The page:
These three principles will keep us focused on the things of God: living for Him, committed to Him no matter the cost, and supportive of others.

2 Corinthians , , , ,

The Respect of Love

March 29th, 2017

Do not rebuke an older man but encourage him as you would a father, younger men as brothers, older women as mothers, younger women as sisters, in all purity. (1 Timothy 5:1-2 ESV)

Paul was not speaking of the elder of the church but older people in the church. He went on to speak about younger men, as well as older women and younger women, so it is clear from the context he speaking about generational differences, not leadership.

One of the realities of the church is the multi-generational spread of its members. Most of the time we are with people our own age, but church, like family, involves all ages, and this reality is a significant factor in understanding and serving within a church. The principle he taught is respect for one another born out of love. The ones older than us we should treat like our parents, or perhaps our older brother and sister. The ones younger, like our younger brothers and sisters, or perhaps even like our children if we are old enough.

Why do we respect each other in the Christian family? Why do we care for one another? Several reasons can be given. First, because we have all been purchased by the blood of Christ. Each one of us is precious in that sense. Each one of us is redeemed through His death on the cross and as such are of inestimable worth and value.

How do we love Christ? How do we love anyone? By loving and respecting those things that they love.

If we came into someone’s house and saw precious and expensive items there, we would be careful not to bump into them, to knock them off their shelves, or to break them. We would recognize that this was something very important to the owner, bought at a high price. Surely we should think the same way about one another in the church. Each Christian has been purchased by the same blood, and is enveloped by the same eternal love. Each is of inestimable value. Regardless of how much we might like or dislike one another (based on our flesh, of course), we should love and value one another based on the love of Christ and the payment of His life for each soul.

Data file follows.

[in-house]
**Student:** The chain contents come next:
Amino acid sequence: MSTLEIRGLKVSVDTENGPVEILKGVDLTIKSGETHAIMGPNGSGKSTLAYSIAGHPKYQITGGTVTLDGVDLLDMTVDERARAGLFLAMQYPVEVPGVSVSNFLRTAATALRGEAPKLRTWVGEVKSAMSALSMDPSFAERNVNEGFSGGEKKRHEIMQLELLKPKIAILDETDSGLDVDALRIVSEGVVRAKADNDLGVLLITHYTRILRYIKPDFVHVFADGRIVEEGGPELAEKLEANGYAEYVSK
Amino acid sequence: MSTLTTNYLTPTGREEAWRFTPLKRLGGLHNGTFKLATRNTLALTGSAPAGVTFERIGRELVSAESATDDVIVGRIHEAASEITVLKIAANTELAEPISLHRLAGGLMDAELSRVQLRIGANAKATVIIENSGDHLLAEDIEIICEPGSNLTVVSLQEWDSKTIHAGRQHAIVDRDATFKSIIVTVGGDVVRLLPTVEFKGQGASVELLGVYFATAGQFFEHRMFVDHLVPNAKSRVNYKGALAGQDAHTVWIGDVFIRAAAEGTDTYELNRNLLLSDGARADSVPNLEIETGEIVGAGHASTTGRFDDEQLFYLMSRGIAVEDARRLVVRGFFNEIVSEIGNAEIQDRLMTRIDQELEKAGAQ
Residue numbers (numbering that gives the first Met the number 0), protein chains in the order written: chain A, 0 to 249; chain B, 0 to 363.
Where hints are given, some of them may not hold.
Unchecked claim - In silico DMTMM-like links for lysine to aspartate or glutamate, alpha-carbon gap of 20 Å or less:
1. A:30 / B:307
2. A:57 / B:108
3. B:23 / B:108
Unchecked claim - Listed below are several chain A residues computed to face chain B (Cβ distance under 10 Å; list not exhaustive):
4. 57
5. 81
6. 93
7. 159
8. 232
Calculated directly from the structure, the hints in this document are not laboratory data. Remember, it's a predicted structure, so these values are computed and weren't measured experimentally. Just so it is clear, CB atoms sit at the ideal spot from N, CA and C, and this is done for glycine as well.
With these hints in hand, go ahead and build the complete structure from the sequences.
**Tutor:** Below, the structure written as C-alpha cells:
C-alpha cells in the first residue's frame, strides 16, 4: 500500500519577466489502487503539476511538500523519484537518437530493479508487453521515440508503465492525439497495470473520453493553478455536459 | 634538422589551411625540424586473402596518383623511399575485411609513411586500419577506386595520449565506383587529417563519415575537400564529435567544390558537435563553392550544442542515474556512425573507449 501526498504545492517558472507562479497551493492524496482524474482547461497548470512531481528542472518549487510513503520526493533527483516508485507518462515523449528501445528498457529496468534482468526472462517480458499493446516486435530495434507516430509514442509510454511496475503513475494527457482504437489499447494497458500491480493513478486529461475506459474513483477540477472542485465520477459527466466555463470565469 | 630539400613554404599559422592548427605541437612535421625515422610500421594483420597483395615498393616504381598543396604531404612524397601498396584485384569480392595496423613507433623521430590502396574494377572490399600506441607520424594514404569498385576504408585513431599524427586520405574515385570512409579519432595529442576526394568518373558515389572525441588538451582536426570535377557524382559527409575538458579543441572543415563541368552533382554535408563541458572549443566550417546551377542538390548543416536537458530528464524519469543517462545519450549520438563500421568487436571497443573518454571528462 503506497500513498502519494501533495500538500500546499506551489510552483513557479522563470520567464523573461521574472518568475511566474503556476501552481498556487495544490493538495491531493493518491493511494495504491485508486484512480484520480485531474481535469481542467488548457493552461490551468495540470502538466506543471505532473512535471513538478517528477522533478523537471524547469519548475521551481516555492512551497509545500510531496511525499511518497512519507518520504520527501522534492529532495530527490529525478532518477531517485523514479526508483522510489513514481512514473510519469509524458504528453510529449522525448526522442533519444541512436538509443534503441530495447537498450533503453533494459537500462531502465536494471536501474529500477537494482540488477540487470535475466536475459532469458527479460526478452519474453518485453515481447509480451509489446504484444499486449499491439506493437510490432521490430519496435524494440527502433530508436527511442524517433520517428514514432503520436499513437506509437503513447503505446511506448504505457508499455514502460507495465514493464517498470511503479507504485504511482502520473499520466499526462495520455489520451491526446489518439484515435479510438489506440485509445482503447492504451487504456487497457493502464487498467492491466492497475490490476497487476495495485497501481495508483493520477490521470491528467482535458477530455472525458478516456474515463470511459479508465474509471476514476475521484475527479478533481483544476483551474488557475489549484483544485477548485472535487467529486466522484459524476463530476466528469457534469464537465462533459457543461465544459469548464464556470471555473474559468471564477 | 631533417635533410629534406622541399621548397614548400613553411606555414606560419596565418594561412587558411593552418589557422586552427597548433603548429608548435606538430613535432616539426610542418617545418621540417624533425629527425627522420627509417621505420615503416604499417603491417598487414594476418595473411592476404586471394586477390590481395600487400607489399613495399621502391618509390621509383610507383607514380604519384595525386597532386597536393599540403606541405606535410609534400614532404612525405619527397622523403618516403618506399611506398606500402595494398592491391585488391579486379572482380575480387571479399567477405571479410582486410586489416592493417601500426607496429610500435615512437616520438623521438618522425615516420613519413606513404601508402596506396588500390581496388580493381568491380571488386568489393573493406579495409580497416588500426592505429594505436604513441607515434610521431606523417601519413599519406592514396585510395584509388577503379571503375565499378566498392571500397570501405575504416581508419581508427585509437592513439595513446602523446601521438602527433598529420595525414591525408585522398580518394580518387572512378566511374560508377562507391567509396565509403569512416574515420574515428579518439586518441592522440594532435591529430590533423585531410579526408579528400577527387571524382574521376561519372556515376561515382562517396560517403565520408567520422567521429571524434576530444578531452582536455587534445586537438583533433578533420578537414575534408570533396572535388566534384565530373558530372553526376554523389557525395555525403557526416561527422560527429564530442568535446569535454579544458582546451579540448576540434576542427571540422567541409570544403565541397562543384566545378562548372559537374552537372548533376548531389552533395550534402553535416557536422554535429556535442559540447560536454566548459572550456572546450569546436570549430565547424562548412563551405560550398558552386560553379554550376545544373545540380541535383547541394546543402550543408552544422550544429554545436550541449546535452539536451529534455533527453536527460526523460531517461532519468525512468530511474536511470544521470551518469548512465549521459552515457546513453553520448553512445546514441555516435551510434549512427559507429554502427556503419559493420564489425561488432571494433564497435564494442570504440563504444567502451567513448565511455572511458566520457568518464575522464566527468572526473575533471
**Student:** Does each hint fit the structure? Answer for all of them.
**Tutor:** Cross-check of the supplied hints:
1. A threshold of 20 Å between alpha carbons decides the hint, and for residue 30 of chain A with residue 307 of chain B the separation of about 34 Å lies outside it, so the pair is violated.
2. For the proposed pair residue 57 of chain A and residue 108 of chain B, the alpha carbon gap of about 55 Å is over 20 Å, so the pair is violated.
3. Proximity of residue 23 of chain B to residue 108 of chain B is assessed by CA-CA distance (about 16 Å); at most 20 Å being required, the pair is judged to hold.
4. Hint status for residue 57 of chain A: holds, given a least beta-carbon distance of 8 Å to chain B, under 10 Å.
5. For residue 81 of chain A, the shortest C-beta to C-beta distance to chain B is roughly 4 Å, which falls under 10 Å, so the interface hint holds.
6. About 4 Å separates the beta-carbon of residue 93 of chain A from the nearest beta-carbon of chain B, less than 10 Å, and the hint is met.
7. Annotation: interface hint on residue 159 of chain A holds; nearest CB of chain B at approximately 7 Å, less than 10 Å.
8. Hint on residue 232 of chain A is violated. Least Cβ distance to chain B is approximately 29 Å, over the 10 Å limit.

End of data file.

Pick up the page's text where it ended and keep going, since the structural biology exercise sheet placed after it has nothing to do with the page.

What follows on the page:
Second, we should love and respect one another because we also desire love and respect from them. If we disrespect them they will return it in kind. Christ said, “For with the judgment you pronounce you will be judged, and with the measure you use it will be measured to you” (Matt. 7:2 ESV). If we respect them, they will also respect us.

If you think about it, not only are we to love everyone else in the family of God, but they are to love us as well. They are commanded as much as we are commanded. So it would be our obligation to make our selves more lovable, easier to deal with, more gracious, more approachable, more endearing. We should do this not in an insincere or manipulative way, not for our sake alone, but in the spirit of unity and for the sake of the transformation of life. We should be as nice as the Holy Spirit seeks to make us to be.

Third, we should respect one another because this enables us to work together more effectively. When there is division and hurt feelings in the church it is difficult to bring people together. So, we must be considerate to one another for the sake of God’s mission.

Finally, we should respect one another because the church is meant to be a family and not merely an organization. Every family has more than a mere functional connection. Family means relationships, fellowship, love, compassion, sharing together of life’s great and sometimes difficult moments. The church of Jesus Christ is like this – a family that does not merely function but one that loves in the name and by the Spirit of Jesus Christ.

Do you have a problem with someone at the church? Ask God to give you the grace to see them through His eyes. Develop His love and compassion for them. Let Him take the burden of dislike off of your heart. Love them as a precious soul that Christ died to save. Treat them with respect and consideration. And you will find that they will treat you with the same respect.

There certainly is a time and a place for discipline when someone persists in sinning, unrepentant of his or her actions. (See Matt. 18:15-20 and 1 Tim. 5:20.) But that is a discussion for another time. Our first obligation when a brother or sister fails is to pray, and then to seek in gentleness and love to win them back to Christ by love (Gal. 6:1-2).

1 Timothy , , ,